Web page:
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Quadrangle, Eton College

Eton College was founded in 1440 by Henry VI as a charity school to provide free education to seventy poor students who would then go on to King's College, Cambridge, which he also founded, in 1441. Henry VI took half the scholars and the headmaster from William of Wykeham's Winchester College (founded 1382). Eton is modelled on Winchester College, and became popular in the 17th century.

When Henry founded the school he granted it a huge number of endowments, including much valuable land, a plan for formidable buildings and several religious relics, supposedly including a part of the Holy Cross and the Crown of Thorns. He even persuaded the then Pope to grant a privilege unparalleled anywhere in England: the right to grant Indulgences to penitents on the Feast of the Assumption.

However, when Henry was deposed by Edward IV in 1461 the successor annulled all grants to the school and removed most of its assets and treasures to St Georges, Windsor on the other side of the river Thames. Tradition has it that Edward's mistress, Jane Shore, intervened on the school's behalf and was able to save much of the school, although the royal bequest and the number of staff were much reduced.

As a result of the reduced income suffered at a stage when much of the school was still under construction, much of the completion and further development of the school ever since has depended on the generosity of wealthy benefactors. Many of these are honoured with school buildings in their name, such as the Bishop William Waynflete or Roger Lupton, whose name is borne by the central tower which is perhaps the most famous image of the school.

It is often suggested that the Duke of Wellington claimed "The Battle of Waterloo was won on the playing-fields of Eton". The credibility for this is believed by some to be dubious: Wellington briefly attended Eton, for which he had no great love, in the late 18th century, when the school had no playing fields or organised team sports, and the phrase was first recorded three years after the Duke's death. The Duke was, however, wildly popular at Eton, visiting many times later in his life.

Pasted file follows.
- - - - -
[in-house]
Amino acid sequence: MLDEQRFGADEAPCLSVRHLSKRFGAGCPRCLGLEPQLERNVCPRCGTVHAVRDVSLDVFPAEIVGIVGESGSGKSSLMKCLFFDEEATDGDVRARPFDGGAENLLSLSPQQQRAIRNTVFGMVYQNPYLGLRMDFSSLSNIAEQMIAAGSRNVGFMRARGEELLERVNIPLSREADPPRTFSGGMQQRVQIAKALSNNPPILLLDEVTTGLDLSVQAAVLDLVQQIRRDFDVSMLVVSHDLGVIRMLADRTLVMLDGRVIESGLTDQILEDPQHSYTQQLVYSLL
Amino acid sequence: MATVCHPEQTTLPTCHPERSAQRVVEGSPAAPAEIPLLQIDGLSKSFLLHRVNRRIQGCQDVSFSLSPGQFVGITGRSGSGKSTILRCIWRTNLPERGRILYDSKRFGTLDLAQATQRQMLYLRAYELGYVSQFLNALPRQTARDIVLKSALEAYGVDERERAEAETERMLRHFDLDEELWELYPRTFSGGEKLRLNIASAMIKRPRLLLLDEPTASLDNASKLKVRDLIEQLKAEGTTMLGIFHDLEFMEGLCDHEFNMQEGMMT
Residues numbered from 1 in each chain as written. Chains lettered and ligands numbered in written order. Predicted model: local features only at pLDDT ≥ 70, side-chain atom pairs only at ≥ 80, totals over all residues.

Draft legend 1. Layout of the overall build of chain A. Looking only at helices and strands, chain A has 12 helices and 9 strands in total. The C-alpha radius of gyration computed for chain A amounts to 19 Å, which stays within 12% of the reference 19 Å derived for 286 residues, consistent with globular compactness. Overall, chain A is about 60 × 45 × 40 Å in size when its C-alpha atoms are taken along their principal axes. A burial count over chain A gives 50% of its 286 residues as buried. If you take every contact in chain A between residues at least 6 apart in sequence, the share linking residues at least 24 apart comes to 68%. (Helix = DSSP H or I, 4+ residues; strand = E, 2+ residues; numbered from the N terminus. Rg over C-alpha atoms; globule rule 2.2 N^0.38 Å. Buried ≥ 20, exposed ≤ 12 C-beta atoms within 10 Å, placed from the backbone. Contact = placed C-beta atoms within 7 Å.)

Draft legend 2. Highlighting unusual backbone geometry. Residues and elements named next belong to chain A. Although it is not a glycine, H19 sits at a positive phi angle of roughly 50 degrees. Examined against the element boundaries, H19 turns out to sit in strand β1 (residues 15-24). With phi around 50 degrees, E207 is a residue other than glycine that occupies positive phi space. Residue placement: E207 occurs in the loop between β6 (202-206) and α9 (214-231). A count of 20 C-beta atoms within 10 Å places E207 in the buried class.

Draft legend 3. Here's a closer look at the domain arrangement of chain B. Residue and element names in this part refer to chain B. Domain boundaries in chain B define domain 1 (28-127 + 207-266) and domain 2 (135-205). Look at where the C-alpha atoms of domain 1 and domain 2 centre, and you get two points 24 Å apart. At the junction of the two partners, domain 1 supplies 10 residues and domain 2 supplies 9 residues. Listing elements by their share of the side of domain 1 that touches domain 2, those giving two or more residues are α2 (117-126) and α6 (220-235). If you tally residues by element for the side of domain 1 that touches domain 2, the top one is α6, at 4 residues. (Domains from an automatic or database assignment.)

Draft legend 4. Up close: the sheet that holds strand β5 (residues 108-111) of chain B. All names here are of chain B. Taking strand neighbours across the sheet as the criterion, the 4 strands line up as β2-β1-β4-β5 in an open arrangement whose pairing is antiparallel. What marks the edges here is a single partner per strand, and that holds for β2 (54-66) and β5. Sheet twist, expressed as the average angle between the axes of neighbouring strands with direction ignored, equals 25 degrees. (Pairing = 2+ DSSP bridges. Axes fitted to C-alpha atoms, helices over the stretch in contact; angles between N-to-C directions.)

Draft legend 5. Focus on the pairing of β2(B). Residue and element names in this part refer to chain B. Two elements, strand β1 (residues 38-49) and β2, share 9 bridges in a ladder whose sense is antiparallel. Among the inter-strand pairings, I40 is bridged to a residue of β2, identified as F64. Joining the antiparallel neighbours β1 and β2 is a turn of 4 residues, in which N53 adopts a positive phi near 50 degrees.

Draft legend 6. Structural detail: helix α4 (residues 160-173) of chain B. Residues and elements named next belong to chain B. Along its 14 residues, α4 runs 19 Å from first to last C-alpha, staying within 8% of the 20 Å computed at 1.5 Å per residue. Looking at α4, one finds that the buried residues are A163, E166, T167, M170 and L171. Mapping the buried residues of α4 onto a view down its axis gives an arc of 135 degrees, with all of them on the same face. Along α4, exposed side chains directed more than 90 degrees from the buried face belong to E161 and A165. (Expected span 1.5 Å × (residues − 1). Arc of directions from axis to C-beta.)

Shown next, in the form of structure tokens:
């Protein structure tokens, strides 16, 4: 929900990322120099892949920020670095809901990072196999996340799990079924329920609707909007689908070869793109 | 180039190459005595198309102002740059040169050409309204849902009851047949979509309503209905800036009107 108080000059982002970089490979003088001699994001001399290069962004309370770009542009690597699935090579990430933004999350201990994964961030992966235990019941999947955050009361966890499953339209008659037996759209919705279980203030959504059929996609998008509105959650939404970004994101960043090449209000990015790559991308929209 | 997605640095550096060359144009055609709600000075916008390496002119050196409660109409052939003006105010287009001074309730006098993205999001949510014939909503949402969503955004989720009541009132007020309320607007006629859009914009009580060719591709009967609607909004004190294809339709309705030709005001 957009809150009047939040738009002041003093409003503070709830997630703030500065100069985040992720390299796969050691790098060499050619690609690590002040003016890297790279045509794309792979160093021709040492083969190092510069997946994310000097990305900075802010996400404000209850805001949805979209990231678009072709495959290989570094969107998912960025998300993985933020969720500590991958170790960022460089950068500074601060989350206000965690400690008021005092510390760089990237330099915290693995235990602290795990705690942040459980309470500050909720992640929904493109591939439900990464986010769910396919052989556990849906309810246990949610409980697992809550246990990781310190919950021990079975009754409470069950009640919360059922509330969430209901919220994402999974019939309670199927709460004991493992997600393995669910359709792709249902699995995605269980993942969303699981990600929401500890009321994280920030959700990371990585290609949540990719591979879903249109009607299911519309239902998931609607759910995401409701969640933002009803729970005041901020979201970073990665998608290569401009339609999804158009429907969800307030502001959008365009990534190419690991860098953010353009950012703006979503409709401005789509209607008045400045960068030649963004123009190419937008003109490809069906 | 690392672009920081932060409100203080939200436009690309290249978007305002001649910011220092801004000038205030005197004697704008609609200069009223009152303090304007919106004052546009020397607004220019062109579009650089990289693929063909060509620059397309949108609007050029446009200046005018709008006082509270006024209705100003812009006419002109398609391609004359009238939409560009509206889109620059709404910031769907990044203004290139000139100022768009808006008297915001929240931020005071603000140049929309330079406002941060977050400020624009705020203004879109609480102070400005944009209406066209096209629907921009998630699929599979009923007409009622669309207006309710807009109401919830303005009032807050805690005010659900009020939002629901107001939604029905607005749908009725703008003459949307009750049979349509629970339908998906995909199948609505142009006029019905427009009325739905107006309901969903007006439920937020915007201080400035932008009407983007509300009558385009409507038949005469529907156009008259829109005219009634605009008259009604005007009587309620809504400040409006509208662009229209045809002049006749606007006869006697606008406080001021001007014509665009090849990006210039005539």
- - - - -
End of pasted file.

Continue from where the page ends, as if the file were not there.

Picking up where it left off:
Terminology and slang

Much of Eton slang is the same as other public school slang (for example calling the elder brother 'Major' and the younger brother 'Minor'). However, there are a few Eton-specific phrases, including:

  • popper: Prefect (member of Pop). 'Pop' is run by the 'President of Pop'.
  • stick-ups: The winged collars worn by certain members of the upper sixth form (B Block)
  • absence: Roll call
  • to cap: to raise a finger as a sign of respect, derived from tipping of a hat. All boys had to cap beaks when passing them in the street.
  • a rip: when work is torn as a mark that it is substandard and has to be submitted for inspection of the house master and the boy's tutor
  • a show up: the opposite of a rip - work that is commended and to be shown to the student's tutors as evidence of progress
  • Tap: the school's bar, open to students in their final two years
  • Mespots: "Mesopotamia", one of many school playing fields. Others include Upper Sixpenny, Lower Sixpenny, Dutchman's, Agar's Plough, Upper Club and The Field.
  • Sixth Form Select: an academically-selected group of boys who asist the headmaster and also act as prefects

Selected Old Etonians

The following are more complete lists of well-known Old Etonians:

See also

External links

nl:Eton ja:イートン・カレッジ no:Eton pl:Eton zh-cn:伊顿公学